Cisco's planning chief tells Kate Hilpern how technology can be used to unite an international team

The majority of organisations, when quizzed about diversity, speak first and foremost about the need to get a greater mix of people through the door. But Cisco Systems - one of Silicon Valley's biggest employers - claims its workforce is already varied. Their focus is ensuring that everyone has a place at the table.

"We have a diverse organisation already, but it's making sure that everyone who works for us feels able to be their true selves. Only when someone feels like that are they likely to be able to fully contribute with their best ideas," explains Nikki Walker, director, strategy and planning, emerging markets, who adds that Cisco is equally committed to ensuring that everyone's contributions are valued.

Much of the company's work around achieving this involves a cultural focus, explains Walker. "We are an American company with an American culture, but as we move into emerging markets, with all their different cultures, we need to make sure we embrace every one of these. For example, southern Europeans are often very passionate and might get up and start shouting at a meeting, whereas other cultures might be more restrained. Another example is that in countries like Saudi Arabia, there is a danger that the women - who have veils over their faces - may be ignored. We need to make sure that everyone is heard, regardless of their cultural differences."

Walker adds that flexibility is also key in Cisco's strive towards diversity. After all, different types of people require different things out of their working day - the ability to pick the kids up from school, for instance, or the opportunity to work from home. "We provide everyone with the tools to work from wherever they happen to be - at home or anywhere else. In fact, we expect people to do this," says Walker. "We don't have a flexibility policy simply because everyone does it - well, 80 to 90 per cent of people."

As a supplier of networking equipment and network management for the internet, it should come as no surprise that technology plays a major part in Cisco's diversity efforts. Walker provides an example. "Our product Telepresence takes videoconferencing to the next level. The sound travels as if you're in the same room and it's like looking at someone next to you.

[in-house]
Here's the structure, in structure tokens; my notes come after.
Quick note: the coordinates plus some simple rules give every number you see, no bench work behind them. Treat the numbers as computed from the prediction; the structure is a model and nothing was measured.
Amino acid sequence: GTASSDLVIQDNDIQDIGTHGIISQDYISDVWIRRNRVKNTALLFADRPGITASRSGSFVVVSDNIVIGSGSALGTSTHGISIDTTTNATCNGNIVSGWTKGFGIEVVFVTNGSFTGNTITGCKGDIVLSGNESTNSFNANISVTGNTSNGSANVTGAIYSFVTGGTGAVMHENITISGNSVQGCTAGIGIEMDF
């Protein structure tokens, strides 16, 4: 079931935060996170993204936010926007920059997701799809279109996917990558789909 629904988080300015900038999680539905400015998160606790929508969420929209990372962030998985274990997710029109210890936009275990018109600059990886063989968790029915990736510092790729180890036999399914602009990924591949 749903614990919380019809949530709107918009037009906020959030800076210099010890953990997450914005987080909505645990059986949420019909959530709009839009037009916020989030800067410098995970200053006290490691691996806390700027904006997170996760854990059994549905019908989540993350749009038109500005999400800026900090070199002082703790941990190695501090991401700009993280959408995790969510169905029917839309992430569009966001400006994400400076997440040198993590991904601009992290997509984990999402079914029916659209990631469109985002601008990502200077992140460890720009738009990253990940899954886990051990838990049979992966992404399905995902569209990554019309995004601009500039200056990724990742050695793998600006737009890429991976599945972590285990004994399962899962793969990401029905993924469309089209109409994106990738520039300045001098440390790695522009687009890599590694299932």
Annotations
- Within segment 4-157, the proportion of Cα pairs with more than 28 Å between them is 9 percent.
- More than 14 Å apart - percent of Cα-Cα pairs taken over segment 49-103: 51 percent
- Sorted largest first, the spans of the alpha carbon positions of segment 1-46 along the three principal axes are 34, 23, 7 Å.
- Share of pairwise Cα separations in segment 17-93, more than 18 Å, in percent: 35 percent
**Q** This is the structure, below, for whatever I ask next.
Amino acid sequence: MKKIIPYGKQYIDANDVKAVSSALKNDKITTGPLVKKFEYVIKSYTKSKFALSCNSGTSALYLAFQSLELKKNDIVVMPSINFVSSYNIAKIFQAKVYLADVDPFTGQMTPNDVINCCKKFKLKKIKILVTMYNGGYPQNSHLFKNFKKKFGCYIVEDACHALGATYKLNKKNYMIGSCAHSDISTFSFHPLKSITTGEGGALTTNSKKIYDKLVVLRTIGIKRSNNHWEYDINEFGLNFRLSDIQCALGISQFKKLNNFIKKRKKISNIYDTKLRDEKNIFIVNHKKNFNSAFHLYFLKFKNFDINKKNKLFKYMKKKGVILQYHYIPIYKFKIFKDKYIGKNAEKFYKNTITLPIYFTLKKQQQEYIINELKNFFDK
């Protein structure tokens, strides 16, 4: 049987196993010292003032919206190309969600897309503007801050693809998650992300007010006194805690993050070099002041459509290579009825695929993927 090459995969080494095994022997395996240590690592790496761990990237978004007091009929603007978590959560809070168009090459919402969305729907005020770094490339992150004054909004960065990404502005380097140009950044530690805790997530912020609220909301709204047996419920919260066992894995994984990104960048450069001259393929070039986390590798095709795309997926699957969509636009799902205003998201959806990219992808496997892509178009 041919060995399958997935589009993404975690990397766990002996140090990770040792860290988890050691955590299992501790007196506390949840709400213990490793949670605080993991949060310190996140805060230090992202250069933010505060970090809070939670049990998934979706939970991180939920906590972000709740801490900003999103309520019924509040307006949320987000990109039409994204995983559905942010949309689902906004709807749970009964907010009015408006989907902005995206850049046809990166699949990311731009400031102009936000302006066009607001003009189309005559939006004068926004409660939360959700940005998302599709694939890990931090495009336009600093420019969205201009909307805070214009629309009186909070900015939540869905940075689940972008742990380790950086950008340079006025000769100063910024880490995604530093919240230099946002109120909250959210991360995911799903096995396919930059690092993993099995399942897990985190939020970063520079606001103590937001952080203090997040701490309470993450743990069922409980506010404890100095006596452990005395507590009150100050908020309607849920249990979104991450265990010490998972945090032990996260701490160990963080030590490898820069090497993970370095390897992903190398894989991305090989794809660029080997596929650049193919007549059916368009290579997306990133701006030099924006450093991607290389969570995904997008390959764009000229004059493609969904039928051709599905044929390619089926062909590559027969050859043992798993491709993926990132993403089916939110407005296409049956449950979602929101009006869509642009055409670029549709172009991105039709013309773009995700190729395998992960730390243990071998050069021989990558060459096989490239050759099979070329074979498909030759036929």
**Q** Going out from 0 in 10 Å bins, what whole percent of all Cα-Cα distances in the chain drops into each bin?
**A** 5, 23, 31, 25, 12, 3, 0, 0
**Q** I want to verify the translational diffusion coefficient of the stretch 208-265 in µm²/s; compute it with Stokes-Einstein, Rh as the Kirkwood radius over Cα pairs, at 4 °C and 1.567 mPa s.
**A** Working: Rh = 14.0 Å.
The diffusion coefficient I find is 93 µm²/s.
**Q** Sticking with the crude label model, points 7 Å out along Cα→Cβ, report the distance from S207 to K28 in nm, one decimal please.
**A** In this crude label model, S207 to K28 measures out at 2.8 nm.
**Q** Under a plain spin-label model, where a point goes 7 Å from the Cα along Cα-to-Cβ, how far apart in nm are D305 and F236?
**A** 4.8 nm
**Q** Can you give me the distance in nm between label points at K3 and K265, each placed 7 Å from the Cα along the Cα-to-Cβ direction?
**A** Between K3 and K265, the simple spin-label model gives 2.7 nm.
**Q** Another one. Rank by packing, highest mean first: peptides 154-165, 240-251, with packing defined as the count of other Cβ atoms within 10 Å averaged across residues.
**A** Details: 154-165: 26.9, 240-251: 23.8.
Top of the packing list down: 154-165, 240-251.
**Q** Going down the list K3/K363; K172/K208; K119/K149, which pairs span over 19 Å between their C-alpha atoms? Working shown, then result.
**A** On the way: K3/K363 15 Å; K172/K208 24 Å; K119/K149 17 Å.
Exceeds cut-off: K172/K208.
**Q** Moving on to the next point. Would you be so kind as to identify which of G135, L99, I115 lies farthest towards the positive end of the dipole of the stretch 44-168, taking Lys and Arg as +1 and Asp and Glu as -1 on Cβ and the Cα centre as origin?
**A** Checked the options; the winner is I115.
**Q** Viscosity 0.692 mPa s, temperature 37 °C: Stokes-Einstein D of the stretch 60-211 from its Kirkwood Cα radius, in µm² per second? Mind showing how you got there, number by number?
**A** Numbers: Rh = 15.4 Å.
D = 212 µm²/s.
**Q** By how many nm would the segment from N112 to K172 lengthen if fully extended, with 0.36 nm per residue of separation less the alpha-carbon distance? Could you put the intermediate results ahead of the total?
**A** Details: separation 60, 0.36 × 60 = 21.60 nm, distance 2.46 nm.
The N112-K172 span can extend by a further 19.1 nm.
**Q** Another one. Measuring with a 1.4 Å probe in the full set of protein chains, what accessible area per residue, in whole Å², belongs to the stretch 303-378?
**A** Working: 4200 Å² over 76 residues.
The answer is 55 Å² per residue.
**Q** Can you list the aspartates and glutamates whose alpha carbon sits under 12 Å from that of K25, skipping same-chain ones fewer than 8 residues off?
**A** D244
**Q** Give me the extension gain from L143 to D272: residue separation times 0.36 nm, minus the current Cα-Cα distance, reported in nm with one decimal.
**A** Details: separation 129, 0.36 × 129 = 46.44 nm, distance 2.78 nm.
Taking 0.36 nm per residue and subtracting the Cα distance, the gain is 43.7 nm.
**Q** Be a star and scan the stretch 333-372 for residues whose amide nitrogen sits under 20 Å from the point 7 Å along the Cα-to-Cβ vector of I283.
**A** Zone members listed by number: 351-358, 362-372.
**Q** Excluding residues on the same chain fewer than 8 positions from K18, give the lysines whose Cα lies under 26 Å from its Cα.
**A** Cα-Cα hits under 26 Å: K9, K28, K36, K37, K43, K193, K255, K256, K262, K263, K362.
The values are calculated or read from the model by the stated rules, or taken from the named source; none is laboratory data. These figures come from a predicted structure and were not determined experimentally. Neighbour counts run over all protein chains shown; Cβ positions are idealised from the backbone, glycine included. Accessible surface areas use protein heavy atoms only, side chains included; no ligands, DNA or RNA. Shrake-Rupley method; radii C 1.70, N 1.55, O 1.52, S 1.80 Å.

She points to a Cisco employee who works part-time in Northern Ireland. "She reports to a global team and rather than having to go to America for regular meetings - which may not suit a part-time post - she uses Telepresence. We have another woman who is Malaysian who works in our UK HR team. Her mum suddenly got really ill and she had to go back to Malaysia but she didn't have to leave Cisco because we suggested she could work from there using Telepresence. Then there's an executive administrator to one of our vice presidents who decided she'd like to move to a different area of the country. The vice president didn't want her to leave the company, so she was offered the opportunity to work from her new location with Telepresence on her desk, which again she took up. What all this means is that we can attract and retain a much wider mix of people."

Like many major companies, Cisco prides itself on its support groups and affinity groups for particular groups of employees. "These include women's networks, which provide development opportunities - for example though a series of speakers at bi-monthly events, where people can network afterwards," says Walker. "We also have focus groups - small monthly group meetings - where various topics are discussed so that women can learn about things like soft skills and technology. Then there is the outreach work which involves going out to schools and working with girls that are 12-years-old and up to help them think about what careers are available in technology companies. Yes, there are engineering roles, but not all the jobs are techie and it's a case of helping them realise that and offer careers support."

Cisco's slate is not entirely clean. As recently as May this year, the company hit the headlines in the States when it was accused by the US Equal Employment Opportunity Commission (EEOC) of discriminating against minority job candidates. Cisco were accused of having "demonstrated an ongoing pattern and practice of not hiring qualified, minority candidates based on their race, colour and national origin," according to EEOC letters released to the Mercury News.

And last October, USA Today reported that Motaz Elshafi, a software engineer, casually opened an internal e-mail at work only to read "Dear Terrorist." The note from a co-worker was sent to Muslims working at Cisco Systems a few days after train bombings in India killed 207 people.

But Cisco points out that more than 43 per cent of its US workforce identify themselves as ethnic minorities, and that initiatives promoting diversity and the advancement of minorities and women continue to be a priority wherever they operate.

"I'd describe Cisco's work around diversity as a journey," adds Walker.